Video call is a sign of hope for Covid patients in intensive care at Vila Real Hospital – Society


A month later, Manuel Ramos, 74, spoke with his son through a video call and represented another sign of hope in the intensive care at Vila Real Hospital, where critical covid-19 patients are treated.

His voice is still weak and, therefore, the septuagenarian needs help to make himself understood by his son, who, on the other side of the ‘tablet’, smiles at hearing his father’s voice.

“I haven’t heard his voice for almost a month, it has been a very big marathon. But everything will be fine,” said his son, Rui Ramos.

Manuel Ramos said he misses home, that he is being treated well in the hospital and, in between, the conversation still went through football.

The clinical picture was complicated, with covid-19, diabetes, hypertension, obesity and a recent operation. “But, thank God, things are going well and we will hope that they continue to go well,” said the son.

Manuel Ramos had to undergo invasive ventilation, through a tracheostomy, and, after the tube was removed, he entered a new phase of recovery, but with a long way to go.

In addition to the video call, during a visit to the intensive care unit (ICU) in Vila Real, Centro Hospitalar de Trás-os-Montes and Alto Douro (CHTMAD), it was possible to observe the intensive care physician Igor Milet doing a tracheostomy, the nurse Marta Pinto in a rehabilitation session with a patient and still talking to a patient hospitalized there for 15 days.

Olinda Gomes, 59 years old and resident in Resende (Viseu), said she does not know how she contracted the SARS-CoV-2 coronavirus, because she had been taking care for a long time and never left home without a mask.

The “little strength” I felt was the signal to go to the doctor and turned out to be the most serious case in the family. She did not need invasive ventilation, but pneumonia and the fear of worsening her situation brought her to the ICU.

Chief nurse Jandira Carneiro explained that many of these patients have “major sequelae”, from motor, respiratory or cognitive. “We have patients who arrived here 65 days ago. It is dramatic,” he said.

Marta Pinto, a specialist nurse in the area of ​​rehabilitation, referred that these have been months of “a lot of work”, “some sadness” and “great joys”.

It is that even after the cure of covid-19, there is a “long way” because there are patients who stay in comas induced for several days and their body requires a whole relearning.

“I have had many patients leave here walking on their own feet”, he stressed, explaining that some “have to relearn to breathe, to eat, to cough, to walk”.

Igor Milet stressed that covid-19 is a disease with “a complex, very long course that creates other problems” in patients. “The process of rehabilitation, of recovering quality of life, is often achieved as a result of hard work, but it is also true that there are patients who are left with sequelae for life,” he said.

This disease, he stressed, raised a new “care paradigm” because it removes the “right for the patient and the family to accompany the care process”, for which reason, he added, attempts are made to approach them through audiovisual media.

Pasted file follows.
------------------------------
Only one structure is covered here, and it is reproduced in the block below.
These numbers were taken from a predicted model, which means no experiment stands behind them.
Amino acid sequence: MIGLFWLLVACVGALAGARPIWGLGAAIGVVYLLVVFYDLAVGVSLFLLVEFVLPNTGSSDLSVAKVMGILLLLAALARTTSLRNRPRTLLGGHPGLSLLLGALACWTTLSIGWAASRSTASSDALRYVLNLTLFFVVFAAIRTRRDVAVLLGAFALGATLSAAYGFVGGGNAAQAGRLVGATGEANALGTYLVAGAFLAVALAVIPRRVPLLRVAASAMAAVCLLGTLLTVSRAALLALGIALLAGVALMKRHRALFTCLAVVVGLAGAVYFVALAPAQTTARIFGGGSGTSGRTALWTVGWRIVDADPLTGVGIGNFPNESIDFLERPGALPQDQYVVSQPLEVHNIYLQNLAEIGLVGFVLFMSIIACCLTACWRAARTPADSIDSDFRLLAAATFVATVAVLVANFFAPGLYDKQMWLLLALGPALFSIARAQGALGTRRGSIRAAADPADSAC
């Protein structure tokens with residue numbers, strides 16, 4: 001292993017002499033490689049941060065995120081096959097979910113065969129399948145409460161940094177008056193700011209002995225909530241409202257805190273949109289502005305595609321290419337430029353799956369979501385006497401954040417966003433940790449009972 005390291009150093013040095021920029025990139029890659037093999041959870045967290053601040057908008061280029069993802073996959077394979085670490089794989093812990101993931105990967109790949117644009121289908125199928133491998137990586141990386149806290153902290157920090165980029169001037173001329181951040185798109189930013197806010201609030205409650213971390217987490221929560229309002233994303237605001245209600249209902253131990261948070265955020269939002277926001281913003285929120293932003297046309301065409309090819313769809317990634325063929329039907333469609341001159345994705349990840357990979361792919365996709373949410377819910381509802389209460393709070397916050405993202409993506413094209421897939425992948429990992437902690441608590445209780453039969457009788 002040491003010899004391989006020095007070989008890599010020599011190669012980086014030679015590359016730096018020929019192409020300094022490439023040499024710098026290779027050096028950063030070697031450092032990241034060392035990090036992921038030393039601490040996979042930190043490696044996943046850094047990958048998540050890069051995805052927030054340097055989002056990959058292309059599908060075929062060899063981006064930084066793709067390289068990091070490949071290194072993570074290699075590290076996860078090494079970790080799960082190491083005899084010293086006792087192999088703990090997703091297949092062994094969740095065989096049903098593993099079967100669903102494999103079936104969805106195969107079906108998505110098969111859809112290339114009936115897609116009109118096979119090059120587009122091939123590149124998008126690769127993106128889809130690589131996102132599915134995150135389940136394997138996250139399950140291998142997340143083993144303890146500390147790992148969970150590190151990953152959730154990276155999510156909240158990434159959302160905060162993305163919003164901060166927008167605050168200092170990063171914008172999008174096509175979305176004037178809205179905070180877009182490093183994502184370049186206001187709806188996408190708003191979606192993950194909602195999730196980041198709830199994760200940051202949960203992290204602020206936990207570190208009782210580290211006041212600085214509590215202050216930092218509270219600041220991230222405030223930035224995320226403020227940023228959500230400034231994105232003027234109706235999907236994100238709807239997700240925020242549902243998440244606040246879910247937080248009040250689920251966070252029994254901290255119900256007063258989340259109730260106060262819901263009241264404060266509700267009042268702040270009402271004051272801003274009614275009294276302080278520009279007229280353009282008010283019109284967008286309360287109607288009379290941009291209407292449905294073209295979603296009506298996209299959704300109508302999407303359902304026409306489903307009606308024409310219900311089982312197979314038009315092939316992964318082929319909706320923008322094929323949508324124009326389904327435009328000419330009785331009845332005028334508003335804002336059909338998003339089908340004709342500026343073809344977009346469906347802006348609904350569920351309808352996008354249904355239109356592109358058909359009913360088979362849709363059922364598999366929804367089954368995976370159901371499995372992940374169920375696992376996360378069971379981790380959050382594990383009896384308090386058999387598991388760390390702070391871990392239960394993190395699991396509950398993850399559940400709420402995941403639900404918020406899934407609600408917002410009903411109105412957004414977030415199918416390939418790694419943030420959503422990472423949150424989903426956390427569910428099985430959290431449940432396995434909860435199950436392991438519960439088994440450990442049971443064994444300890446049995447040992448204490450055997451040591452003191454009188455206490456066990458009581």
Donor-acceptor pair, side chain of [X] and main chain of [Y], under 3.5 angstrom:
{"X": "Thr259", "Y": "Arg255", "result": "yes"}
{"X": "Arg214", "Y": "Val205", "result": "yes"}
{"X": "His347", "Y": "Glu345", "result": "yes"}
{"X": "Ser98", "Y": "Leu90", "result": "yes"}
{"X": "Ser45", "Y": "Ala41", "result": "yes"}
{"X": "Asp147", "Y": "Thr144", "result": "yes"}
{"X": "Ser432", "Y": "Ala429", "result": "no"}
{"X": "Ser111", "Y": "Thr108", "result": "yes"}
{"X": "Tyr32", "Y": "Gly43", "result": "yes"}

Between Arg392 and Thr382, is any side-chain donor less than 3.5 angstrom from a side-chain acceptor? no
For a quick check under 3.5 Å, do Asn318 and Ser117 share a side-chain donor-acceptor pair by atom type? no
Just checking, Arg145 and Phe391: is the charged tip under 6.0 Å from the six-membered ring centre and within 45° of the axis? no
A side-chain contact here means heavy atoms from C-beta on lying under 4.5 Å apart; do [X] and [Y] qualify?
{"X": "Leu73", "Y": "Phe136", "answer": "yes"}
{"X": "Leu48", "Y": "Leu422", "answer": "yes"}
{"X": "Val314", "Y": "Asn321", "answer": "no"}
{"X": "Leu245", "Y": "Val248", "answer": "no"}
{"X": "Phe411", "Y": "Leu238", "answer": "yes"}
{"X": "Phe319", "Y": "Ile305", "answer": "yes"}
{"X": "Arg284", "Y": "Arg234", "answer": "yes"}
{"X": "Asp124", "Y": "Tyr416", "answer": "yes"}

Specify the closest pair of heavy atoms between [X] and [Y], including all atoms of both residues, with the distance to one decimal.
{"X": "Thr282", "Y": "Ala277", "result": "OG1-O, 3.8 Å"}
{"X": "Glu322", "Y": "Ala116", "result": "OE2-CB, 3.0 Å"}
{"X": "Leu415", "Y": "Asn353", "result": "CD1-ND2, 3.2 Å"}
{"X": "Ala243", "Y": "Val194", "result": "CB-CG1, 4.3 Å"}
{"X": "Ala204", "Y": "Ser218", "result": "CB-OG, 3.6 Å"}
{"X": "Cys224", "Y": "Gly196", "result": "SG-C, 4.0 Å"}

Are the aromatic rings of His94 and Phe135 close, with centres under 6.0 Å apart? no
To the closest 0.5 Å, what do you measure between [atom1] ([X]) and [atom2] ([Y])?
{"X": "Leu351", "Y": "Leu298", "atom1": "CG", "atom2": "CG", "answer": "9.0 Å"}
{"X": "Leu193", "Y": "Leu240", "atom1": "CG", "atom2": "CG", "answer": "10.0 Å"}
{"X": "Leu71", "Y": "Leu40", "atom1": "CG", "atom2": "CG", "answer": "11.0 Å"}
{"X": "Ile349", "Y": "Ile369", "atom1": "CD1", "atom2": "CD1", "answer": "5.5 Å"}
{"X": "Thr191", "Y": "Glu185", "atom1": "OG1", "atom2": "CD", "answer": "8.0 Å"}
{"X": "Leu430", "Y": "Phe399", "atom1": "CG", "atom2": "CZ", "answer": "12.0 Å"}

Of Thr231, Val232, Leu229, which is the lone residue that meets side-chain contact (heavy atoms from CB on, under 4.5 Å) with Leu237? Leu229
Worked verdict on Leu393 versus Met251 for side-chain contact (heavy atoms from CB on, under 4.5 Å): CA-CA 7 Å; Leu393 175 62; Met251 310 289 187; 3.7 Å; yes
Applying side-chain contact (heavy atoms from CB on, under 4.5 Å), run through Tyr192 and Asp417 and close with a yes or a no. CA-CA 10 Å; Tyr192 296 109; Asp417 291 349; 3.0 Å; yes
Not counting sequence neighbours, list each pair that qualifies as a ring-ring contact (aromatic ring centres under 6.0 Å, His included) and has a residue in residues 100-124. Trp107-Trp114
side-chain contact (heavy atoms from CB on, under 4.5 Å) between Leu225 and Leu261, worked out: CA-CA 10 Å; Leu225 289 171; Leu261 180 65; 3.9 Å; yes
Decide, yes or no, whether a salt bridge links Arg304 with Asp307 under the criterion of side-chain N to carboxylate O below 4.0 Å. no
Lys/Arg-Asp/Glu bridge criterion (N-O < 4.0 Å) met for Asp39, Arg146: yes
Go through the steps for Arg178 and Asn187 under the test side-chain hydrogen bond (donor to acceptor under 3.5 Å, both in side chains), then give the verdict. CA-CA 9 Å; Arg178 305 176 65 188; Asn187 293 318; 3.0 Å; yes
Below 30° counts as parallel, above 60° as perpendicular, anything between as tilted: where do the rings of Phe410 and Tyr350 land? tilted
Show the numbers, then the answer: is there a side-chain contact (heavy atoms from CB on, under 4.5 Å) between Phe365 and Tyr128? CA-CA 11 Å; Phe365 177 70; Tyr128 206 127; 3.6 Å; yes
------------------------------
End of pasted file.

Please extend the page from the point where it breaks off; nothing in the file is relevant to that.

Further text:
The CHTMAD ICU reached the maximum capacity of 24 beds occupied with covid-19 patients. This week the number of patients in the ICU was 11.

The months following October were of great pressure and a new area was even activated next to the recovery of the operating room for non-covid-19 patients, as established in the contingency plan. However, this area has already been deactivated.

Francisco Esteves, director of the intensive care service, said that there was no need to transfer critically ill patients to other hospitals and that this hospital center received patients from other institutions.

The doctor explained that at CHTMAD, after the first wave, there was a commitment to anticipating scenarios, planning, strengthening teams and reorganizing the UCI, creating independent circuits and isolation areas with negative pressures.

About 1.5 million euros were invested, more fans were purchased and the number of beds increased from 14 to 24.

“What we did was try to anticipate and plan difficult scenarios so that we can give an adequate response to the community,” said Francisco Esteves.

Around 150 health professionals work in this service and, since March 2020, about 170 critical covid-19 patients have been admitted, with preliminary results pointing to a mortality rate of around 20%.

Doctors, nurses, operational assistants are together in the struggle for the lives of these patients who, at the ICU, are permanently monitored.

Francisco Esteves said that CHTMAD will maintain its “maximum activation profile for as long as necessary” to respond to covid patients and, especially now, increasingly to non-covid-19 patients.

“Right now there seems to be a little bit of relief in terms of workload, now from a psychological point of view I think none of us have yet managed to break free because we are not sure what is next,” said Jandira Carneiro.

The following wave may again be covid or patients with other pathologies and, therefore, “lower the wait” are words that are not used in this service.

Professionals also insist on calling on the population to adopt all necessary precautions to stop the pandemic.

In Portugal, 16,243 people died from 802,773 confirmed cases of infection, according to the most recent bulletin from the Directorate-General for Health.

The disease is transmitted by a new coronavirus detected in late December 2019 in Wuhan, a city in central China.


Source: Correio da Manhã by www.cmjornal.pt.

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